Describe more and more little things (main themes should be obvious by now, say panic or visceral satisfaction or peace and quiet, go back and rewrite a bit so that the critique is angled towards these)

Summarise main themes and the main ways the thing conveys these in final paragraph.

dude, just talk about what it is like to play the game, about how it feels. you don't even have to tell me who the characters are or what it's about or any of that. don't talk to me about the game as if it were a movie script; review it like it's a game. what is it like for you? that's it. i read a lot of game reviews, and almost all of them do it totally wrong.

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dude, just talk about what it is like to play the game, about how it feels. you don't even have to tell me who the characters are or what it's about or any of that. don't talk to me about the game as if it were a movie script; review it like it's a game. what is it like for you?

That's what I mean... the main theme for a game or movie or painting or whatever, to me, is how it "feels" - panicky, maybe, or curious or powerful or half-assed or whatever. I comment on how the game manages to do that where appropriate (say, the way Metroid's drip-feed of abilities and the trick near the end of Zero Mission manage to add so much to the game's feel). It's just the structure of the approach which is similar, I don't prattle on about tone and texture when reviewing a movie or characters and narrative when reviewing a game (generally).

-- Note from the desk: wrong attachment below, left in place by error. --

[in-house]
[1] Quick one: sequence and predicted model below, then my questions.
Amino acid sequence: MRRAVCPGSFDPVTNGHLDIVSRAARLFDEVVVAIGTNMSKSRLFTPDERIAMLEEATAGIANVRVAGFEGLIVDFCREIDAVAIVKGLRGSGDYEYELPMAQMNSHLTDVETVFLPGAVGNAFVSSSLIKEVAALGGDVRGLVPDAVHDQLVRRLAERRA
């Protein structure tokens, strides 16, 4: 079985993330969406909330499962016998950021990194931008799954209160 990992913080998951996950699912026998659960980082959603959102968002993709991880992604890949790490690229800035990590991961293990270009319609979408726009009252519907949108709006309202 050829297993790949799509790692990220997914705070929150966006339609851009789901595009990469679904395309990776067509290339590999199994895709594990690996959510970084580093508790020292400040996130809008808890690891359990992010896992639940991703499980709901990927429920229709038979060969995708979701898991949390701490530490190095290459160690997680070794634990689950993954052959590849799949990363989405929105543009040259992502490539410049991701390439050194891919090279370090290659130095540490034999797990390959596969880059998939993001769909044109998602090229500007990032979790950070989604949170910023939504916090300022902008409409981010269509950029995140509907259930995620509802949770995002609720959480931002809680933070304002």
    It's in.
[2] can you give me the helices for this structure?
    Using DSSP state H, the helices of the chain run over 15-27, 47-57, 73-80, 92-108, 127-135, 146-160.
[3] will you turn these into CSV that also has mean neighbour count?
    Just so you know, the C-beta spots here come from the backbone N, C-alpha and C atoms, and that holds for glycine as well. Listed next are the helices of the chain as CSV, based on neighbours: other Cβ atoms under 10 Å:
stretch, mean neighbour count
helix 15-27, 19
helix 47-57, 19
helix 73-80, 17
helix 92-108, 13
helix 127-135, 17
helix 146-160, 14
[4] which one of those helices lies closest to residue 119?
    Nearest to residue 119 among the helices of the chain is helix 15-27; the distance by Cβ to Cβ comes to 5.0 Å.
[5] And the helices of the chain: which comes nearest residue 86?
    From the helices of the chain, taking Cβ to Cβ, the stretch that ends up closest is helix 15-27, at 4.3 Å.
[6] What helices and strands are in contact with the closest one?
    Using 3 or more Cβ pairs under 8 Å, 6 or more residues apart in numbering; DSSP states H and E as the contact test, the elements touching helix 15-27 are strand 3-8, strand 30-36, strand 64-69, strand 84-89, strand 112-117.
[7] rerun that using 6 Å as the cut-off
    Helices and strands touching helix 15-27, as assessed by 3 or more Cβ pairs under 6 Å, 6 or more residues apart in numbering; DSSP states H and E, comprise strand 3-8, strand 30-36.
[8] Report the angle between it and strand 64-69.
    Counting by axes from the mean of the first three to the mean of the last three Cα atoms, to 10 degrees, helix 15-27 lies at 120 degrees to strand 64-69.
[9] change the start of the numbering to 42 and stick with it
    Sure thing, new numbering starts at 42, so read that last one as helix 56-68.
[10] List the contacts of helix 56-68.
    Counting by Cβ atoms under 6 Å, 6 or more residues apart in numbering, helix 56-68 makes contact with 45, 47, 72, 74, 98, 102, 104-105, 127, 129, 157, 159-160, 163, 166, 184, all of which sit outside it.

I mean this sort of thing (Cute touches a-go-go).

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in that little review, you basically broke down the game into its magic system, control physics, music, etc. and commented on each of them. the review just doesn't talk about aria as a game. it talks about it as a collection of elements.

i recommend that you read this feature. it isn't very focused, and in many ways it isn't so much a game review as a kind of editorial rant, but it tells me so much more about the game than your review.

there's this piece called "bow, nigger" from state (i can't find it! the link died.) about jedi outcast that is probably better, as it is more of what i would like in a review--at least, it exemplifies the spirit of a review as i would like it. as a full review, you might consider it incomplete, but.. i don't know. it's more a piece of writing.

my gripe about game reviews is that you could just make a format sheet, a form that has boxes for graphics, music, control, and, at the end, fun!, and the reviewer could just fill them out. game writing is stuck in a rut, and that's what it looks like. writing like the two examples above is, i think, infinitely more interesting and useful.

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I know what piece you're talking about, and it is aces. I'll admit my review's quite crap and unfocussed really... but unfortunately I don't have any better ones. Except my Gradius Advance one about challenge, but that in retrospect has some unfortunate grammatical shortcomings (i.e. double meanings in the first few paragraphs' opening sentences).

Edit- that IC review is great. It's got a chatty style which basically talks about what the player enjoyed about the game. Asides like: